13:27 I don't think you need to add spaces at the end

13:32 nickaugust: does clojure work on the non-oracle JVMs?

13:33 fliebel: LOPP: ##(let [star (take 5 (iterate #(str "**" %) "*")) space (take 5 (iterate #(apply str (next %)) " "))] (dorun (map (comp println str) space star)))

13:33 sexpbot: ⟹ * *** ***** ******* ********* nil

13:33 raek: LOPP: my try: https://gist.github.com/722136

13:34 technomancy: nickaugust: works great on openjdk, ok on IBM, and not at all on gcj.

13:35 nickaugust: technomancy: thx

13:38 joshua__: How would I get a timestamp/datetime in Clojure? I'm working on making a function for rate limiting.

13:41 fliebel: LOPP, raek: Now, how about a christmas tree?

13:42 bortreb: ambient? are you there

13:43 I was wondering how (defn lo-pass [d coll] (reductions #(+ (* %2 d) (* %1 (- 1.0 d))) coll)) manages to implement a lo-pass filter

13:43 is it exact or approximate?

13:44 anyone know??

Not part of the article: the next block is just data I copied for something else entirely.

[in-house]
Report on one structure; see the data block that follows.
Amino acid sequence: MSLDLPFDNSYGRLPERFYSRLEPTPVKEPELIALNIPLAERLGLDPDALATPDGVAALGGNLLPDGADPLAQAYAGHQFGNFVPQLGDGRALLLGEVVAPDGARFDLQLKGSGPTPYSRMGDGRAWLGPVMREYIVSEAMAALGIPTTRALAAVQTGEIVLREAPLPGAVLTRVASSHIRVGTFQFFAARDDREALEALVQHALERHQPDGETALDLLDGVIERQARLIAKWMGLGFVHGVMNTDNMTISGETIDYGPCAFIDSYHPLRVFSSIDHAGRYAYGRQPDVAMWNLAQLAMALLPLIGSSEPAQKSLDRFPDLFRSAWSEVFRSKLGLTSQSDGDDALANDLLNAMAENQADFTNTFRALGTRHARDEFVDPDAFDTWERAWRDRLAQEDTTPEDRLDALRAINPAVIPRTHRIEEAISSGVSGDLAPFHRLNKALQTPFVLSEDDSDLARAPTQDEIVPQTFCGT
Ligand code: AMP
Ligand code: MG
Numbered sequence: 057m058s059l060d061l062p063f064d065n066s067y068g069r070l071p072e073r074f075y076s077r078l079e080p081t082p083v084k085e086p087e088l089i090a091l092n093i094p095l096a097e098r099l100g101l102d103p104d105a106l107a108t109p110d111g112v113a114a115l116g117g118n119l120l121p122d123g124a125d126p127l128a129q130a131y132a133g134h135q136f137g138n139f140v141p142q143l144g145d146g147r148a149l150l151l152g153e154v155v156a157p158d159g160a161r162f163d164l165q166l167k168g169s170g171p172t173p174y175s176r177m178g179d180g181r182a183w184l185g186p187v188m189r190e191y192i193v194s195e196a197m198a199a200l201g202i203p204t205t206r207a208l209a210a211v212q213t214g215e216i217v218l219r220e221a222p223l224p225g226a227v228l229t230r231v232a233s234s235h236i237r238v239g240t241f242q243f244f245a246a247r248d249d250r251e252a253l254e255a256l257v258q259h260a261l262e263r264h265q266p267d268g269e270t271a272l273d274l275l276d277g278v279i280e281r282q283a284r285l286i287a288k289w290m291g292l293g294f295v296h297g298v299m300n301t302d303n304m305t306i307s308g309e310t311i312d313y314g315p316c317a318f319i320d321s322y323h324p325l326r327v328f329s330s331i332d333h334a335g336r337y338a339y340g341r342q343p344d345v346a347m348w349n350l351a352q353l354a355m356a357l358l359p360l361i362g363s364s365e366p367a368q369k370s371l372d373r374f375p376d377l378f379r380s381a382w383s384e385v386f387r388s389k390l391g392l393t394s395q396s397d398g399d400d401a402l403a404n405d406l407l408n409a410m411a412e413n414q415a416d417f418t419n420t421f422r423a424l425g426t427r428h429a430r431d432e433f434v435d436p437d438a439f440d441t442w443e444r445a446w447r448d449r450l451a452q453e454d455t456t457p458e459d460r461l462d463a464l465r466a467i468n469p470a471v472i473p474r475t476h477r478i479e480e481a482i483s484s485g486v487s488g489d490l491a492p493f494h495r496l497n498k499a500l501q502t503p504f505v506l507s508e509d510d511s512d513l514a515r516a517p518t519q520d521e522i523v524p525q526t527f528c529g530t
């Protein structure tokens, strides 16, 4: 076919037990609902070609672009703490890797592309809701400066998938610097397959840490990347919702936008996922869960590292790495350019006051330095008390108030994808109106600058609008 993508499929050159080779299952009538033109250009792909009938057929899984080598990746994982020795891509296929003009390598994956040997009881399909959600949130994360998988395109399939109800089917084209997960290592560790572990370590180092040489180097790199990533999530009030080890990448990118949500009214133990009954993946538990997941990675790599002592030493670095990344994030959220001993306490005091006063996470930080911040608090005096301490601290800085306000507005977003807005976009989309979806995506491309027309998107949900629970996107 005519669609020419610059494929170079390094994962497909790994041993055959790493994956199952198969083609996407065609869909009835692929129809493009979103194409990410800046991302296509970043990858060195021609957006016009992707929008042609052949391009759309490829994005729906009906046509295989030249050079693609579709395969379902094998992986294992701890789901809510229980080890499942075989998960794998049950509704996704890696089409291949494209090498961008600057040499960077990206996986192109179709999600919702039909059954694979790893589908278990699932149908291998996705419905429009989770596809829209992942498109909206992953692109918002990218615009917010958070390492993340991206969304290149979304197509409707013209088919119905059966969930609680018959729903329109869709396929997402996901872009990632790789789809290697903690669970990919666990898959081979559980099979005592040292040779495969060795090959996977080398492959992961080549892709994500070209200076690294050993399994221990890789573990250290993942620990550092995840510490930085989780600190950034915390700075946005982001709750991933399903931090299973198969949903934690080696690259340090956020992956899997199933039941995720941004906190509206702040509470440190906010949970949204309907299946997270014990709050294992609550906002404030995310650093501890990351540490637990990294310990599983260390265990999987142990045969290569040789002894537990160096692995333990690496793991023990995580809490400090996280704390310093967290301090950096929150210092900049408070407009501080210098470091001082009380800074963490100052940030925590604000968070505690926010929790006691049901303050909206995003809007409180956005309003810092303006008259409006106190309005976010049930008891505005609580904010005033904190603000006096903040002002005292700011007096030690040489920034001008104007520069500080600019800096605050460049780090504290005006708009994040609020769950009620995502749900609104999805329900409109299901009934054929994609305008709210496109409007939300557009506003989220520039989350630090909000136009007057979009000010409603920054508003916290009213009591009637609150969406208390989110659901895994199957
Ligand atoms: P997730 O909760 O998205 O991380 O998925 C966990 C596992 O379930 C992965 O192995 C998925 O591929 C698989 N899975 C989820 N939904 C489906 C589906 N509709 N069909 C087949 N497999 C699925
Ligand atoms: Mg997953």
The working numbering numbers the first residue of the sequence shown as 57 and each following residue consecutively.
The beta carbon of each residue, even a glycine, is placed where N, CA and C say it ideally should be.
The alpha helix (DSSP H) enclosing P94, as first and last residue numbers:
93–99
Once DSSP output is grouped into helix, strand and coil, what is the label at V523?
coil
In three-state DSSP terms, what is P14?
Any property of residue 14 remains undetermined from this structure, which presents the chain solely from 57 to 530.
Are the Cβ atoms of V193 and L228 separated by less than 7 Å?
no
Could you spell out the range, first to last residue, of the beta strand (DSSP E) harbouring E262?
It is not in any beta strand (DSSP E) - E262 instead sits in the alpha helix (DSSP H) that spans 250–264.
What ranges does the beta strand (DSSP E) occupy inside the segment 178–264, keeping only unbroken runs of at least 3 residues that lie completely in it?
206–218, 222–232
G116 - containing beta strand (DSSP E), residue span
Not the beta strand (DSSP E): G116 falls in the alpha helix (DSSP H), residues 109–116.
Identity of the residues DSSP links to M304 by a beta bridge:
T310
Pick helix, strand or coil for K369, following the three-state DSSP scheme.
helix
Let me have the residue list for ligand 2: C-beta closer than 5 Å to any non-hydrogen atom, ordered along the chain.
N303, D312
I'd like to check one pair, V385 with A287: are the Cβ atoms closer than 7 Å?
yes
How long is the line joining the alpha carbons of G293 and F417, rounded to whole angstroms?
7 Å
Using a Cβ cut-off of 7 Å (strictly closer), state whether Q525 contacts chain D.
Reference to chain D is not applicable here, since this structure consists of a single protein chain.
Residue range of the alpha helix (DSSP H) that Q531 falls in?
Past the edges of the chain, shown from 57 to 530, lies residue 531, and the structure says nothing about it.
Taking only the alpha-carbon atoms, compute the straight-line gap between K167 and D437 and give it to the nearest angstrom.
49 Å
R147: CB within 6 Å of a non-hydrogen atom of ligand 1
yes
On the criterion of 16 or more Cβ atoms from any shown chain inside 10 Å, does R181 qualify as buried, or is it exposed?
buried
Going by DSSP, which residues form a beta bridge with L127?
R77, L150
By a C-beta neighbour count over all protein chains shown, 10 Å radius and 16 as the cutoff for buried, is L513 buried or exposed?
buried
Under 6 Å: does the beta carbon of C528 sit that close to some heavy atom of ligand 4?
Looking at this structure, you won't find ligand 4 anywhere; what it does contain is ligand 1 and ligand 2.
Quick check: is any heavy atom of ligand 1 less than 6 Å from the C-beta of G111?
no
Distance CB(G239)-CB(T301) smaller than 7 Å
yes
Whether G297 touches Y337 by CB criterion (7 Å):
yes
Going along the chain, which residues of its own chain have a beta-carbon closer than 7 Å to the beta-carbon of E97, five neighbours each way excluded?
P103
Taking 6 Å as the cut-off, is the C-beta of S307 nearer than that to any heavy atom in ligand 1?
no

13:46 nickaugust: technomancy: so clojure is very much dependent on oracle not doing anything dumb with openjvm

13:48 LOPP: raek

13:48 raek: yupp?

13:48 technomancy: nickaugust: not really; openjdk 1.6 is always going to be there and free.

13:48 LOPP: now compare the complexity of your code with this

13:48 http://pastebin.com/np42jLT5

13:50 nickaugust: also whats the advantage of being on the JVM? dont you basiclly have platform independence by adhering to posix? being such a pain to maintain the JVM what is the benifit we get for using it? library support?

13:52 LOPP: bbl

13:53 Chousuke: nickaugust: you get the platform for free.

13:54 nickaugust: libraries, portability, garbage collection, optimisations

13:55 nickaugust: if you implemented Clojure "from scratch" you'd have to take care of everything yourself.

13:55 LOPP: yep

13:55 Chousuke: and the end result would probably be inferior, since the JVM is rather awesome.

13:55 LOPP: nobody cares about languages with crap libraries

14:01 raek: LOPP: https://gist.github.com/722184

14:02 * technomancy can't tell nickaugust is asking a serious question or just trolling.

14:02 raek: my previous attempt had more reusable parts, though...